Evident in both the Ministry of Truth, where history is falsified and language is reduced and muddied, and in the Ministry of Love, where political dissidents and others are tortured, is Orwell’s preoccupation with the effects of paradoxical political language. Even the slogans of the Party are paradoxical: “War Is Peace,” “Freedom Is Slavery,” and “Ignorance Is Strength.” The Ministry of Truth, particularly, is concerned with reducing language, moving toward an ideal language called Newspeak. To clarify the purpose of the language purges, Orwell includes an appendix, “The Principles of Newspeak,” in which he explains that Newspeak, the official language of Oceania, has been devised “to meet the ideological needs of Ingsoc, or English Socialism.” Once Newspeak is fully adopted, “a heretical thought—that is, a thought diverging from the principles of Ingsoc—should be literally unthinkable.” It is because Winston Smith still knows Oldspeak that he has been able to commit Thought Crime.

In the Ministry of Love, Smith comes to understand how totalitarian control works, but he continually wonders about the reasons for it. Why, for example, should Big Brother care about him? It is O’Brien who provides Smith with the answer: power. Power, as O’Brien explains, is an end in itself. Power will destroy everything in its path. O’Brien concludes that, when all else is gone, power will remain:But always—do not forget this, Winston—always there will be the intoxication of power, constantly increasing and constantly growing subtler. Always, at every moment, there will be the thrill of victory, the sensation of trampling on an enemy who is helpless. If you want a picture of the future, imagine a boot stamping on a human face—forever.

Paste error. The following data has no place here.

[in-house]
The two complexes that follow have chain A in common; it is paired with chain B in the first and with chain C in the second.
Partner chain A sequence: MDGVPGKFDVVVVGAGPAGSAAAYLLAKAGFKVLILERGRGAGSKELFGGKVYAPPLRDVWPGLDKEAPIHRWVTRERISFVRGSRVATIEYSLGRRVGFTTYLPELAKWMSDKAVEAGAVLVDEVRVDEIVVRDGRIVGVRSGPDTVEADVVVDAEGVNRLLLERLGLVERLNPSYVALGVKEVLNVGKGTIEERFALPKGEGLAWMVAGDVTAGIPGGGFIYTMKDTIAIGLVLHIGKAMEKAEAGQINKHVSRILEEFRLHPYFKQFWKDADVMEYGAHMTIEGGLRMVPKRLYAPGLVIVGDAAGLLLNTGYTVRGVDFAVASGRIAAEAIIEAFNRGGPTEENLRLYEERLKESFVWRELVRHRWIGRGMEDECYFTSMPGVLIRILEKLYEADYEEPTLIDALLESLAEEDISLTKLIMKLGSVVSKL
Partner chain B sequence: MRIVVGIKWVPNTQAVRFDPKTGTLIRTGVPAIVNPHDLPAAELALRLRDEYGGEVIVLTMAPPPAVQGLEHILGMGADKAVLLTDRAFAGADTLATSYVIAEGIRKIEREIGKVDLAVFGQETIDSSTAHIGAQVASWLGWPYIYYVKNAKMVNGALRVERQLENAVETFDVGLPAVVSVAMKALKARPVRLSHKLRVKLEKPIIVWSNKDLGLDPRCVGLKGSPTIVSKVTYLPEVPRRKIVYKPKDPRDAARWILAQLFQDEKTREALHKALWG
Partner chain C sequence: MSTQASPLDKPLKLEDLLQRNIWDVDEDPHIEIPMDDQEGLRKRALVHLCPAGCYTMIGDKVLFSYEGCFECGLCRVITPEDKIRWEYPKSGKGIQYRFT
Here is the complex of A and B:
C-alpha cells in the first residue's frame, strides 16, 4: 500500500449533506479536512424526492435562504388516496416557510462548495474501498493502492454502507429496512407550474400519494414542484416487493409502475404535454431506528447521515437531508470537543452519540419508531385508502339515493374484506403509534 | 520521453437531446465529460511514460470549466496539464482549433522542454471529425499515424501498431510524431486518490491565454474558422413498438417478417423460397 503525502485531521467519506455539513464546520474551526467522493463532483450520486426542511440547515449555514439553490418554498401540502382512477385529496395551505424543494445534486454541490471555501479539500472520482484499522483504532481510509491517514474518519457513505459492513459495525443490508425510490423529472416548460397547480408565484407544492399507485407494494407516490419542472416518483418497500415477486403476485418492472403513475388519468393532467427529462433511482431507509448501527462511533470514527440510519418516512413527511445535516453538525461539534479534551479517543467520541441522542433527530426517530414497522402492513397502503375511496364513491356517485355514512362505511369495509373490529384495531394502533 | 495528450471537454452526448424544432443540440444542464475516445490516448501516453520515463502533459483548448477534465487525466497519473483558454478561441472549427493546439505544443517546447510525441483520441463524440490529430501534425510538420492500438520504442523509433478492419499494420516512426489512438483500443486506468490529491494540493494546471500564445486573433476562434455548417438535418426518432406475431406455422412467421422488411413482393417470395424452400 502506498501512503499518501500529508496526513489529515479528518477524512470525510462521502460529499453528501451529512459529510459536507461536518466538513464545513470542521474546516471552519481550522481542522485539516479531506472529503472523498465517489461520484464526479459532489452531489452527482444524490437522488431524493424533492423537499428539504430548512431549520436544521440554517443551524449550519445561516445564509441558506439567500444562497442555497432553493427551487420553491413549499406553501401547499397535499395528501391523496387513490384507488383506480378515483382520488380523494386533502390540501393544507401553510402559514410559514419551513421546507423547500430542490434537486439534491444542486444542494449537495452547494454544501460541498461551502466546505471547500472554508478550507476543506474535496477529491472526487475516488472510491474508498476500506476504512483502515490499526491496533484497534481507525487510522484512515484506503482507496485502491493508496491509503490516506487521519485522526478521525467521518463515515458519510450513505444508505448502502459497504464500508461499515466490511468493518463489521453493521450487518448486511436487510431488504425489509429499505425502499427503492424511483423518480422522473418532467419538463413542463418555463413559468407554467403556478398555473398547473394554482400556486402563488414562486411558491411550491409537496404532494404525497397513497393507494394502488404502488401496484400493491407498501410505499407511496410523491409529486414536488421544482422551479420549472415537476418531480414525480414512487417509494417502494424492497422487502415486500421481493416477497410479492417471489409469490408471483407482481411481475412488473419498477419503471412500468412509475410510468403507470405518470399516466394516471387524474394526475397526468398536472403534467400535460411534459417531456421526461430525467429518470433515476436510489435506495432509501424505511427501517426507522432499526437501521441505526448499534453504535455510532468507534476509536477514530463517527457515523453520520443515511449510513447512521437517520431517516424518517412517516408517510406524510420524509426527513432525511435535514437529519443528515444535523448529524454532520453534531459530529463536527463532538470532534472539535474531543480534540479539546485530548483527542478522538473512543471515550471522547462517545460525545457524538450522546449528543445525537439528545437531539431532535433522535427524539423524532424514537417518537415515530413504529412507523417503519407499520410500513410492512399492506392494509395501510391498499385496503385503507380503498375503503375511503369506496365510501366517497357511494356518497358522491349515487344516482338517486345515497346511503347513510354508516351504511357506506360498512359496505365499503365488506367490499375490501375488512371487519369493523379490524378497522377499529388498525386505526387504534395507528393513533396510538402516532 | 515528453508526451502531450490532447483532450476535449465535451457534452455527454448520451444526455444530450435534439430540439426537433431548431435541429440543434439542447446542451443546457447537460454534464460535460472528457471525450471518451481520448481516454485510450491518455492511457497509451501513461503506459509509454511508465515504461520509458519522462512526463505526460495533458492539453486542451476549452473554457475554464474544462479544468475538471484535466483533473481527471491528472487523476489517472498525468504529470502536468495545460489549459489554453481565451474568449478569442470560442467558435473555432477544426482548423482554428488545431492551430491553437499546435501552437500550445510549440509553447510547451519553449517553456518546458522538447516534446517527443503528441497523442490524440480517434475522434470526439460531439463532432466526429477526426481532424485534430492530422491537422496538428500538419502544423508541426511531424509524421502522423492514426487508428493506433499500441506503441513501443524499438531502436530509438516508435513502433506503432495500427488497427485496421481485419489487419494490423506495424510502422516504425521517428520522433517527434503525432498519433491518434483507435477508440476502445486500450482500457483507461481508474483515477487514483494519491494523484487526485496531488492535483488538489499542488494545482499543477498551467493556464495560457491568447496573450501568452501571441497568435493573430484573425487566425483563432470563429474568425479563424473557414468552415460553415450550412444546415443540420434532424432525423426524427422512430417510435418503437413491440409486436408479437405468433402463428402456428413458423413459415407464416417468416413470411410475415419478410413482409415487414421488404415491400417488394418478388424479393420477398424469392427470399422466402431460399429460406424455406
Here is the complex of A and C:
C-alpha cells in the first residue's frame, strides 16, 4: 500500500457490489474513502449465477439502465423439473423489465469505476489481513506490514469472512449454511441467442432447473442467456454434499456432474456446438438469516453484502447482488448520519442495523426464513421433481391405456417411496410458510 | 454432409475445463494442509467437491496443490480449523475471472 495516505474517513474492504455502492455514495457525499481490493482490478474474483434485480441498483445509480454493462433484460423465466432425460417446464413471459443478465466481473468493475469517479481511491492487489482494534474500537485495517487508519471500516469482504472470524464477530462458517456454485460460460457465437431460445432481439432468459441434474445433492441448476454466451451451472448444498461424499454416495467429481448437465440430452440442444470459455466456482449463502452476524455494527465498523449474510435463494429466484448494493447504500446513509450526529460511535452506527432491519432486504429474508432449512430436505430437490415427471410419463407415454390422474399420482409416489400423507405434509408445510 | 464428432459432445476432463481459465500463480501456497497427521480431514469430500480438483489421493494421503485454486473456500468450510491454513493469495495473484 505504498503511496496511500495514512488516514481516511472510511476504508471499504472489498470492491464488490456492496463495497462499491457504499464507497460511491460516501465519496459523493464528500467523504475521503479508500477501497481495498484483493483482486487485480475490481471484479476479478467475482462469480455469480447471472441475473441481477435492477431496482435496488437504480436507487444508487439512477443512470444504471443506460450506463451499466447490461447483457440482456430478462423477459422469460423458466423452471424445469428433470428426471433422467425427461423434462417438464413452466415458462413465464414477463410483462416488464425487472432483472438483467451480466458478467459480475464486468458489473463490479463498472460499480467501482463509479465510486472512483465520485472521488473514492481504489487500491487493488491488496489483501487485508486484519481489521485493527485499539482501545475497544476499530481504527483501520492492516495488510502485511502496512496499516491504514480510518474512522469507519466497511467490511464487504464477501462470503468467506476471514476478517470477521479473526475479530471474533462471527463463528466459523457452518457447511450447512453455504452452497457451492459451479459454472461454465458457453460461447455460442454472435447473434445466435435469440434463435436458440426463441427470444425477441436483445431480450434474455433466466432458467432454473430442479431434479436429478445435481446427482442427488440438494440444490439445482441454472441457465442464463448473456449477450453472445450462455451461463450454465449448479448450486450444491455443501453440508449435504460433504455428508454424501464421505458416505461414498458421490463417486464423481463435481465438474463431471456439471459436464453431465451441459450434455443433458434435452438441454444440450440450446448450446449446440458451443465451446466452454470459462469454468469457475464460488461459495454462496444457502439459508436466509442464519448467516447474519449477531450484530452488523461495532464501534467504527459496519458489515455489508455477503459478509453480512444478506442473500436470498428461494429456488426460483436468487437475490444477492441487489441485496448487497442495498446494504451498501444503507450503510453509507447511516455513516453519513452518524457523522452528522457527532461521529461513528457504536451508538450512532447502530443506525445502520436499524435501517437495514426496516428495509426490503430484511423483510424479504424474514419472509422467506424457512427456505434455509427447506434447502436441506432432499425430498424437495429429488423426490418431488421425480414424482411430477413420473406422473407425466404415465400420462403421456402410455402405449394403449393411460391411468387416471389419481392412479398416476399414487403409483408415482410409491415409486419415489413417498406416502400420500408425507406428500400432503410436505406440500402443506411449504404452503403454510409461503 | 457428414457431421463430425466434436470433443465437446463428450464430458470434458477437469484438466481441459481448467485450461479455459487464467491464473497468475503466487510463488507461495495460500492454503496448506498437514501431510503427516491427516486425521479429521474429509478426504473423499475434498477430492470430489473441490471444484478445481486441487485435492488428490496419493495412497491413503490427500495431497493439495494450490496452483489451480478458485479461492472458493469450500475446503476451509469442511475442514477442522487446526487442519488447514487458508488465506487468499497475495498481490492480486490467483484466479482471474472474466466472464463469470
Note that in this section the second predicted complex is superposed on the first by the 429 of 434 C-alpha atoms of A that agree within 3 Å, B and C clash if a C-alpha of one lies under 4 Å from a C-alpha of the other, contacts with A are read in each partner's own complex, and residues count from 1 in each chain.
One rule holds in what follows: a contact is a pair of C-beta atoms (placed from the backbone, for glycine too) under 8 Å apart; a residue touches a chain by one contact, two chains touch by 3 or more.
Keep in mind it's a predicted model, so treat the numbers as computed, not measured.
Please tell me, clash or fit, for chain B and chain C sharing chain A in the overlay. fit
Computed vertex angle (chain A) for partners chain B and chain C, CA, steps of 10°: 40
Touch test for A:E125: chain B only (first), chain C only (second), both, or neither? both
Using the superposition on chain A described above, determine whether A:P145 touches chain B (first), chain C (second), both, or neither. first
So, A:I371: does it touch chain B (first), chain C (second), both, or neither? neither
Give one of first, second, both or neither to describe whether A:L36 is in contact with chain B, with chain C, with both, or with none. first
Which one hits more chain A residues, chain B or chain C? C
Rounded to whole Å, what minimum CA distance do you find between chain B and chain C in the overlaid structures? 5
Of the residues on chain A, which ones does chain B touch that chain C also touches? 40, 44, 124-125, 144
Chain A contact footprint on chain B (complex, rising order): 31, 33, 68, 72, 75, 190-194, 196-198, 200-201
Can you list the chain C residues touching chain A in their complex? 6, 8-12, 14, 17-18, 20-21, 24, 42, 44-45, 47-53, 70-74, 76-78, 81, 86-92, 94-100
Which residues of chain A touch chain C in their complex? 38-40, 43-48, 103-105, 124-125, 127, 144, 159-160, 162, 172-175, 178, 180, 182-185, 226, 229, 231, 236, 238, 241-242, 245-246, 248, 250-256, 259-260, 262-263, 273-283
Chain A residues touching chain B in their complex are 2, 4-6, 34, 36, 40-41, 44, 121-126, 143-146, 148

The purpose, then, of totalitarian government becomes only that of sustaining its feeling of power.

Still, even late in the novel, when O’Brien forces Smith to look into a mirror at his naked, tortured body and his “ruined” face, Smith clings to the idea of his humanity. He says to O’Brien, “I have not betrayed Julia.” Yet Smith is stripped of this last tie to his humanity before Orwell’s bleak vision is complete.

After a brief time of physical recovery, Smith wakes from a dream, talking in his sleep of his love for Julia. He has retained some part of his will and concludes of Big Brother and the Party: “To die hating them, that was freedom.” Whatever he says in his sleep is, of course, being monitored by Big Brother. As a result, Smith faces his ultimate horror, the horror that makes him betray Julia. Physically and mentally ruined, Smith is released from the Ministry of Love to await the death that O’Brien has promised him. Smith retains only enough self-awareness to tell Julia, during their final brief meeting, that he has betrayed her. She, too has betrayed him.